Captain Colter Stevens (Jake Gyllenhaal) wakes up to find himself on a commuter train in the body of a man named Sean Fentress. Eight minutes later, the train explodes into a ball of flame. Stevens then awakes, finding that he is the subject of a military experiment of a project called Source Code, which allows the user to go into the last eight minutes of a person’s memory. In this case, Sean Fentress was a passenger on a train that was destroyed in a terrorist attack, and Captain Goodwin (Vera Farmiga) and the Code’s creator, Dr. Rutledge (Jeffrey Wright), are trying to find out who bombed the train in order to stop a second imminent attack. As Stevens is continually sent back into the last eight minutes of Fentress’ life, he becomes increasingly aware that Goodwin and Rutledge are withholding information from him about his predicament and the Code’s true purpose, and he tries harder each time to save Sean’s companion Christina (Michelle Monaghan) from her own death.
Film: Source Code
Starring: Jake Gyllenhaal, Michelle Monaghan, Vera Farmiga, Jeffrey Wright
Written by: Ben Ripley
Directed by: Duncan Jones
Genre: Science Fiction, Mystery, Drama, Head Trip
Rating: 8 out of 10 / B+
WARNING: MAY CONTAIN MILD SPOILERS!
“Is it getting warm in here?”
Duncan Jones’ first film, Moon, was a gorgeously low-key, cerebral science fiction film that never treated its audience like it was stupid. Happily, Source Code proves that it wasn’t a fluke. Jones and writer Ben Ripley have crafted a tight, Twilight Zone-inspired sci-fi film that doesn’t rely on exploding robots or asteroids for its drama. At its core is a trio of twisting mysteries—who boomed the train, why is Colter the Code’s subject, and what is the Code’s purpose—whose resolutions are never too obvious and that effortlessly propel the film forward, even when it loops around itself. He forces you to pay attention and be alert for every little detail and makes the viewer as much of a detective as Colter himself.
With a small and able cast, Jones manages to keep the film focused squarely on the human characters and not on the science aspects of the story. It’s this aspect that keeps the film riveting and invests the audience in its resolution. Jake Gyllenhaal is a great leading man, able to do both the action and dramatic lifting necessary for the character. The evolution of Colter’s character is wonderful to behold, from dazed and confused to confident and commanding. Vera Farmiga is similarly impressive, an able foil for Colter, evolving in almost the opposite direction. At first, she seems a steely and unfeeling military operative, but as the film goes on, you can see cracks appear in the facade. Farmiga is brilliant at letting the warm aspects of an otherwise icy character slowly peek through the surface. Jeffrey Wright is great, if a bit too theatrical, but it can’t be denied that he makes a great military jerkwad. Michelle Monaghan, finally, is a great romantic interest for Colter, with a natural and unaffected charm. It’s easy to see how Colter could so quickly fall for her.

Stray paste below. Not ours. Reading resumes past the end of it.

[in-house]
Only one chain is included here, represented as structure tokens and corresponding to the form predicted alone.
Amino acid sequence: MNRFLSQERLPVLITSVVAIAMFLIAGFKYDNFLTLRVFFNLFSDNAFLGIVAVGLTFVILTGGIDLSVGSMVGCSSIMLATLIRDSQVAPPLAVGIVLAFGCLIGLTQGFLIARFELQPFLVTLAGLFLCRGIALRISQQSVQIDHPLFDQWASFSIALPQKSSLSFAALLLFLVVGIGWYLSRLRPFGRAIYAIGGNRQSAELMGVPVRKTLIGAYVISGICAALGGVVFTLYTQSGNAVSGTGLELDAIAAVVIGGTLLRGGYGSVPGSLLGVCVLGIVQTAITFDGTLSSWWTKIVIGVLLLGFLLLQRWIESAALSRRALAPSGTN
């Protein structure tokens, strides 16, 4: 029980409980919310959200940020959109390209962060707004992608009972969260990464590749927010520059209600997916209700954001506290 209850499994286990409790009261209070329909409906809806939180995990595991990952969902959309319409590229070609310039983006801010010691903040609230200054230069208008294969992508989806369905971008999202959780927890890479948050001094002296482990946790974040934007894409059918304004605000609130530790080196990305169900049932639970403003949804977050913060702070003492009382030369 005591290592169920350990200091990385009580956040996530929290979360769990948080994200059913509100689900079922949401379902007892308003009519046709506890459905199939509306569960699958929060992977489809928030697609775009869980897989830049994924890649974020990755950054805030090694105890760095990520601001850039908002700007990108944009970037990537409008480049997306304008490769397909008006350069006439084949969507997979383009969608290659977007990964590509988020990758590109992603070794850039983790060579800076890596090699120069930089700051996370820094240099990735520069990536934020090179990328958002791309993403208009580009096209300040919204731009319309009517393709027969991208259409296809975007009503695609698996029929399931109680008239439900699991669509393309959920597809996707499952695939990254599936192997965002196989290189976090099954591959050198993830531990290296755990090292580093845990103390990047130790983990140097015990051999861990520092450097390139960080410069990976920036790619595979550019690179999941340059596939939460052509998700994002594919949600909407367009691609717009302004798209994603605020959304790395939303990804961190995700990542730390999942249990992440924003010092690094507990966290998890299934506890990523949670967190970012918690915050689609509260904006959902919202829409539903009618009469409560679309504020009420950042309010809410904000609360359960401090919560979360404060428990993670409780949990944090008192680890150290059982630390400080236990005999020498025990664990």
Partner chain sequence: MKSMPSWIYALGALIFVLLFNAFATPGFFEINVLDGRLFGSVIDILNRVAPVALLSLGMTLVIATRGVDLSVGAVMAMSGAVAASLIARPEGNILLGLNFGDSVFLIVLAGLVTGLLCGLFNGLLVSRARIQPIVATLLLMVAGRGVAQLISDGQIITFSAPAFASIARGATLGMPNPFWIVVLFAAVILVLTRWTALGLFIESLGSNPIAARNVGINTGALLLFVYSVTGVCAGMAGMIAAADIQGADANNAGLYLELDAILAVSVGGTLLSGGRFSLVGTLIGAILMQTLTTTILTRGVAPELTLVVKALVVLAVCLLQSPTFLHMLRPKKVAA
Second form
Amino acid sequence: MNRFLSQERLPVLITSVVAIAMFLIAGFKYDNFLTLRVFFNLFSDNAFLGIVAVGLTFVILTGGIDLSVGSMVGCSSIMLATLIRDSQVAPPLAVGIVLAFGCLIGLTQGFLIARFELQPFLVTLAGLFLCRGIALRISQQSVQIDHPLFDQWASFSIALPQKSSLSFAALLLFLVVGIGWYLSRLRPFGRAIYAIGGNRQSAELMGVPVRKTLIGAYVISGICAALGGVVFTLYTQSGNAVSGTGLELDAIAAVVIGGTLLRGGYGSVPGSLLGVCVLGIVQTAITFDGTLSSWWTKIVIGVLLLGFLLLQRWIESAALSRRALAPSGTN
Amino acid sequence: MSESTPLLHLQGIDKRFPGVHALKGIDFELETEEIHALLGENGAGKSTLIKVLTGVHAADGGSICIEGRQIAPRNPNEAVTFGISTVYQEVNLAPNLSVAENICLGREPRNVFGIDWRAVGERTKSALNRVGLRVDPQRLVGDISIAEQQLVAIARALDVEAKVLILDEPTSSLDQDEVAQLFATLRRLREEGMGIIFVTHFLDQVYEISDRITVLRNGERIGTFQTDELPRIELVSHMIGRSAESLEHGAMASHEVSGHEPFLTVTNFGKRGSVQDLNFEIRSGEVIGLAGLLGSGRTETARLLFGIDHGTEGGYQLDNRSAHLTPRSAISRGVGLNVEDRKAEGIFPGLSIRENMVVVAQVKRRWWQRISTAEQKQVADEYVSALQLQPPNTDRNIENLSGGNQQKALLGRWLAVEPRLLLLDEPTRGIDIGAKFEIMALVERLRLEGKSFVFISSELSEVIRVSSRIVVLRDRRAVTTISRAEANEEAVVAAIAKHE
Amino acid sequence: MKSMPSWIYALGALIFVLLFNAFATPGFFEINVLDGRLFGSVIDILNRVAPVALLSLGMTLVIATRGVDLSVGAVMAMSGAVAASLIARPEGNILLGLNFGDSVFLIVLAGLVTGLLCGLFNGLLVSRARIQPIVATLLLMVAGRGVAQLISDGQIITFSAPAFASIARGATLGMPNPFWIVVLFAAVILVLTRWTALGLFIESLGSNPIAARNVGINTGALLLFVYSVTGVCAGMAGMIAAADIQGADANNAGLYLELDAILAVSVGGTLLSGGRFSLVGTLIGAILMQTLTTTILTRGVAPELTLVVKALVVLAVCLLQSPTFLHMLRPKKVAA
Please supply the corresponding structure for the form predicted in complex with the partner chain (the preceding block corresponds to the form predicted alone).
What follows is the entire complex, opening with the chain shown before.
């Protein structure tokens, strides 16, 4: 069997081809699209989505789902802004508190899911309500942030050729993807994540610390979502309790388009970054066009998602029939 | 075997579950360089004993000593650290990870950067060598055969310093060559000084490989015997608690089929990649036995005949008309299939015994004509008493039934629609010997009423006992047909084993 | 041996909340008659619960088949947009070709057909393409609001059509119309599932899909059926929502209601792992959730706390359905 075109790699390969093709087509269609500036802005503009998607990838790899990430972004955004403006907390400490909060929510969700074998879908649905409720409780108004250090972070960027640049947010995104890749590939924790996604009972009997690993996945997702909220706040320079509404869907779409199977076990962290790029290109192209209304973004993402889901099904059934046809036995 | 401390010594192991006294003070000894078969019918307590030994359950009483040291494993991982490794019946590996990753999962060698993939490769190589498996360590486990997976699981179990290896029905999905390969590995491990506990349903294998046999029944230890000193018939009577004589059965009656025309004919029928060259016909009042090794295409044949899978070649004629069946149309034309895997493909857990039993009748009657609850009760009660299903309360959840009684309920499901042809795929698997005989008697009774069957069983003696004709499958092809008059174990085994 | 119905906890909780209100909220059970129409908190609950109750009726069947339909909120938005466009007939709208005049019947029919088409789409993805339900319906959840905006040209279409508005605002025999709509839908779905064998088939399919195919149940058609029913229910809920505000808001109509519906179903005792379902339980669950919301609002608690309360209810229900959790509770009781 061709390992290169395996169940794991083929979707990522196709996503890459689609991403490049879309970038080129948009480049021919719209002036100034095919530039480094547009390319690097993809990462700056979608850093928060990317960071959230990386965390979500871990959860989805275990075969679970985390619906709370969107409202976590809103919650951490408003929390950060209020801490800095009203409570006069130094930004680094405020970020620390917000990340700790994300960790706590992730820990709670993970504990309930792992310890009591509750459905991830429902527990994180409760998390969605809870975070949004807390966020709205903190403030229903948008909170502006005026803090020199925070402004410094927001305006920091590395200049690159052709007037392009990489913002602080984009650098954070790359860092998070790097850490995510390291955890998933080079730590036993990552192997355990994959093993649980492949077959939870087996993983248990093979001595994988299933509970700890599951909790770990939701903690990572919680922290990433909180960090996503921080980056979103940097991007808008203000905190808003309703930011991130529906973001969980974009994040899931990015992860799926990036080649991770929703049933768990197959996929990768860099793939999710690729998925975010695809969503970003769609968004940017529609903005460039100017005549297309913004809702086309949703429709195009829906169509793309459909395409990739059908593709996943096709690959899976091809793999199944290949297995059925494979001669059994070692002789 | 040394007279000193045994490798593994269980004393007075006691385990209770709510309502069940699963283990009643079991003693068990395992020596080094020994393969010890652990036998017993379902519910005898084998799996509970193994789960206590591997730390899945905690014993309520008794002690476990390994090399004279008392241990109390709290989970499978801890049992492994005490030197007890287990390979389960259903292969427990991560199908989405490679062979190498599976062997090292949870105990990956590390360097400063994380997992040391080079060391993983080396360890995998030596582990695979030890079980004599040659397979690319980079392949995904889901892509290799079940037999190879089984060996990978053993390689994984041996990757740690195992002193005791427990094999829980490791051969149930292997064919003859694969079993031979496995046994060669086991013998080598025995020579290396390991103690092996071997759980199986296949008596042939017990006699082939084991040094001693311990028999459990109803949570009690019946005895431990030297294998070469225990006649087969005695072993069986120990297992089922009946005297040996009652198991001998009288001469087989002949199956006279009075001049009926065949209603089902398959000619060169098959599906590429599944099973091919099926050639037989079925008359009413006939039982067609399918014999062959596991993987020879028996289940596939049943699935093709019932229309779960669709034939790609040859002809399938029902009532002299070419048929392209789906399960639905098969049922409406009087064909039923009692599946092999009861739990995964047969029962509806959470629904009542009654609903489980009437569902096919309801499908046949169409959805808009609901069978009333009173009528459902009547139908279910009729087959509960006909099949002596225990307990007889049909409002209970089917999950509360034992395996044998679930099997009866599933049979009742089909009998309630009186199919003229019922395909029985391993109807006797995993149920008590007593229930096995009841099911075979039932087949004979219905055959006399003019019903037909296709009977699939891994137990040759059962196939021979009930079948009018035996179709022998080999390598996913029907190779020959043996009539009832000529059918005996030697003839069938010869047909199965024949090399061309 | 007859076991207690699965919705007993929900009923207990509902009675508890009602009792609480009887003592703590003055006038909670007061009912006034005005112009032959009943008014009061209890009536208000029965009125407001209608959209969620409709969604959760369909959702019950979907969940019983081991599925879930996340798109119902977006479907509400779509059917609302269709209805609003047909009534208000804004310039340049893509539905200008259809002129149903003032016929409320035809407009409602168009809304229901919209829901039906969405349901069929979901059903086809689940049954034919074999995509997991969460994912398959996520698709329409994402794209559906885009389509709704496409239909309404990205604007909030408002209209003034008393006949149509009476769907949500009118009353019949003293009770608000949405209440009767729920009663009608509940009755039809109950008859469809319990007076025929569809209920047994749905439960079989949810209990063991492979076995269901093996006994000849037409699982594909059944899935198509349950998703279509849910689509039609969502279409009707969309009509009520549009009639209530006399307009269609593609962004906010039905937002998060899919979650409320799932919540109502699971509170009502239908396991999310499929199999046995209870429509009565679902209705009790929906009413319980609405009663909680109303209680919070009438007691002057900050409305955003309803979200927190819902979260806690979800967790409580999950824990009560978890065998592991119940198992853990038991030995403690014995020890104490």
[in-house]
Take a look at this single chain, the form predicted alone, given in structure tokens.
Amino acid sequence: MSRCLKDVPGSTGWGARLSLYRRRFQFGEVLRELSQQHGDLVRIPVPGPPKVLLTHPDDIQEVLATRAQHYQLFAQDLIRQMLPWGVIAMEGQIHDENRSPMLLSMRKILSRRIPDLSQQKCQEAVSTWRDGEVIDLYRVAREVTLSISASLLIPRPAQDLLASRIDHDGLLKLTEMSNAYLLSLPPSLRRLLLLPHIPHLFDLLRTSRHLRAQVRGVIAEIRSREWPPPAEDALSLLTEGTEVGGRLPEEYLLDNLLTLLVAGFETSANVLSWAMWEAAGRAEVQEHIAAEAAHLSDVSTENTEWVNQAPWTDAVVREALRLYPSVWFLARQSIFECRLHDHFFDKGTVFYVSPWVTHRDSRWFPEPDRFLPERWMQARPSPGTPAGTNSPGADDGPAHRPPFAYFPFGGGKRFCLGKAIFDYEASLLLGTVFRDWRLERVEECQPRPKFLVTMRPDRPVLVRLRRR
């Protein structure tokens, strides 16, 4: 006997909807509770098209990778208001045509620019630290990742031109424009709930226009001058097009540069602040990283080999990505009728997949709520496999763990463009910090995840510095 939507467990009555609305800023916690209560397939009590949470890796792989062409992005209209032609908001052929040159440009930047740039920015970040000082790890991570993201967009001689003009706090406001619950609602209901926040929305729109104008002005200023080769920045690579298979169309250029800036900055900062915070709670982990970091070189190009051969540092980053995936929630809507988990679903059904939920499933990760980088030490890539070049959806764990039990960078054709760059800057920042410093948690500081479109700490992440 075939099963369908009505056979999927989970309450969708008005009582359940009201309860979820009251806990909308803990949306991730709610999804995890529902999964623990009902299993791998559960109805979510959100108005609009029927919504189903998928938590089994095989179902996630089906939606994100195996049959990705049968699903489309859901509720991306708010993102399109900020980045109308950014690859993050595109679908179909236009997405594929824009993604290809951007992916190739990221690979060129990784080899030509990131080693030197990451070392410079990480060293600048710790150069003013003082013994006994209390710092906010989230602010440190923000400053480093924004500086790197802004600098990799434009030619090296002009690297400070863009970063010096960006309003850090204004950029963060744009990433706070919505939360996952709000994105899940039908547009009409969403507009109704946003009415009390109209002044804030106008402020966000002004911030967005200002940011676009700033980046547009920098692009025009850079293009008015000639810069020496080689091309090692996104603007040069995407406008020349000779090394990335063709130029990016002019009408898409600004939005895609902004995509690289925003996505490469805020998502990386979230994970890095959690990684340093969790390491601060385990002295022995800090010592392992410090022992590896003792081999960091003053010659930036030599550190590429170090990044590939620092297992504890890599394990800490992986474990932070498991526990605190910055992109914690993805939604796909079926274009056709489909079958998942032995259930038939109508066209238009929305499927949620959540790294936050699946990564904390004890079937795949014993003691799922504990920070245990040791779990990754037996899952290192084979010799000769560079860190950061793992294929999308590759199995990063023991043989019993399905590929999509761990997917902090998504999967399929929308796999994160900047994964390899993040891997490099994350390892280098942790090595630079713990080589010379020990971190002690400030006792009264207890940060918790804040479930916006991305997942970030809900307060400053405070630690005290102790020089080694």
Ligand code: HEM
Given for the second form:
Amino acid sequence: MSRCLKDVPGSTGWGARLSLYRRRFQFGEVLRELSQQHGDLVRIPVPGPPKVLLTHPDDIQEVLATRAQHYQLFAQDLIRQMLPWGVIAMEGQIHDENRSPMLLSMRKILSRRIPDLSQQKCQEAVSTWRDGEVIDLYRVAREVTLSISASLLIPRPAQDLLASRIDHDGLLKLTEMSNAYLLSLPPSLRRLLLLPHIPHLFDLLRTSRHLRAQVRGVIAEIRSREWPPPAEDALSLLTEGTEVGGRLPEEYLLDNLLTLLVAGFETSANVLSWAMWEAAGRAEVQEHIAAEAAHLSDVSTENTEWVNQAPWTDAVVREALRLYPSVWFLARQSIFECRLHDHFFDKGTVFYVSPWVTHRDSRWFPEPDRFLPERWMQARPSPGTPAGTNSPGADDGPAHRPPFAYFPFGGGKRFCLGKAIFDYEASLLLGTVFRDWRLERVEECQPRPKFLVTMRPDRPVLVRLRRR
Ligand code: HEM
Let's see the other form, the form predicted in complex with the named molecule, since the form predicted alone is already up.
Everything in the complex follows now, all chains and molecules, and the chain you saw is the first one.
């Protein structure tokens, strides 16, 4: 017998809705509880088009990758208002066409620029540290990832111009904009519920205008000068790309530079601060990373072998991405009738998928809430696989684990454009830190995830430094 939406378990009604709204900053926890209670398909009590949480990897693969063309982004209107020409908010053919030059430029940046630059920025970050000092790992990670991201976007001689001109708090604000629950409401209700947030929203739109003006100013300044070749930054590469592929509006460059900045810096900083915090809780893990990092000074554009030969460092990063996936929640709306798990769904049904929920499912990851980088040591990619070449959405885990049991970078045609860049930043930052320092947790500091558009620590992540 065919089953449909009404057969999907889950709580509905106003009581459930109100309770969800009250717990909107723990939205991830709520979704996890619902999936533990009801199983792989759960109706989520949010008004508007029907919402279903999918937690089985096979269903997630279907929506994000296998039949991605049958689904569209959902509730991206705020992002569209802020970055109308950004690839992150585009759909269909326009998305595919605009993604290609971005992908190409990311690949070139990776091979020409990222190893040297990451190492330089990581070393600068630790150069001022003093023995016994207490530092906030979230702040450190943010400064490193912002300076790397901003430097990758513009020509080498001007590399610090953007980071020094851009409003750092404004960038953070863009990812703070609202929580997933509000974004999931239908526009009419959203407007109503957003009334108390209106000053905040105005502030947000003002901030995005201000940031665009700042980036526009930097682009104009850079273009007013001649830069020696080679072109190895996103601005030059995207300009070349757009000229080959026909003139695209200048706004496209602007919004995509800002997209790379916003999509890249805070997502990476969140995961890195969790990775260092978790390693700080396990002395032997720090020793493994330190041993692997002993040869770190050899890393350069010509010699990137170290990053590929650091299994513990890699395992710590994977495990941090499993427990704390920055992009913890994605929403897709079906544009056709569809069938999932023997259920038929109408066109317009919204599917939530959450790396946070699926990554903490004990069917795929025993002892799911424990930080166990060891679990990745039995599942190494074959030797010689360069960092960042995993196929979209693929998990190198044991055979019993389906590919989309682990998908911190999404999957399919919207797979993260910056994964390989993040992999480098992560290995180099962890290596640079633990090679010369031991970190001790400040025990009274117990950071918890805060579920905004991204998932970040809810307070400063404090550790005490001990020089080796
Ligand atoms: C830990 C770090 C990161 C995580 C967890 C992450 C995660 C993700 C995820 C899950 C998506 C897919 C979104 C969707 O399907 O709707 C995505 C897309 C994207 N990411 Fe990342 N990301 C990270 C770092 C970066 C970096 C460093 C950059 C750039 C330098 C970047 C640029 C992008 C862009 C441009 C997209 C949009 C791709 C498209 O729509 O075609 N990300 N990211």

I think your aim would be better if you took your shirt off, Mr. Gyllenhaal.
Jones keeps a good, tight focus on the action. There are few superfluous characters, and he avoids going through the entire eight minutes of the Code’s scope too many times. Once again, he assumes the audience is paying attention and begins to focus only on highlights or changes in each of Colter’s run-throughs. The tone is set immediately from the opening sequence, a slow pan over the skyline and streets of Chicago accompanied by Chris Bacon‘s ominous, Bartok-influenced score.
However, like every story involving time travel that isn’t an episode of Futurama, the film’s handling of both time travel and quantum mechanics raises a number of logical and plot-related holes. Until the film’s final scenes, the handling of the Code doesn’t make a tremendous amount of logical sense, and a substantial amount of suspended disbelief is necessary. Things begin to make more sense during the film’s climax, although the film up to that point can seem frustrating and full of Star Trek-grade technobabble that can distance the viewer from the human connection Jones is trying to make. The final scenes also develop a far too syrupy an emotional resonance which seems slightly forced.
Almost more than most sci-fi films, Source Code is a great example of “your mileage may vary.” If you can overlook the pseudoscientific explanations of the Source Code itself—and I highly recommend that you do—you’ll be treated to a trippy, head-spinning sci-fi drama with amazingly organic, human characters at its core. While it introduces layers upon layers of reality, and while it relies on a dubiously logical plot device, its focus is always on the human element. Jones has done two compelling, intelligent sci-fi films in a row, and here’s hoping it’s the start of a long, prosperous career. Once you log into Source Code, you’ll never take your eyes off the screen. You’ll never solve the mystery if you do.
JOHNNY M is a frequent FBOTU contributor and can do a lot in eight minutes.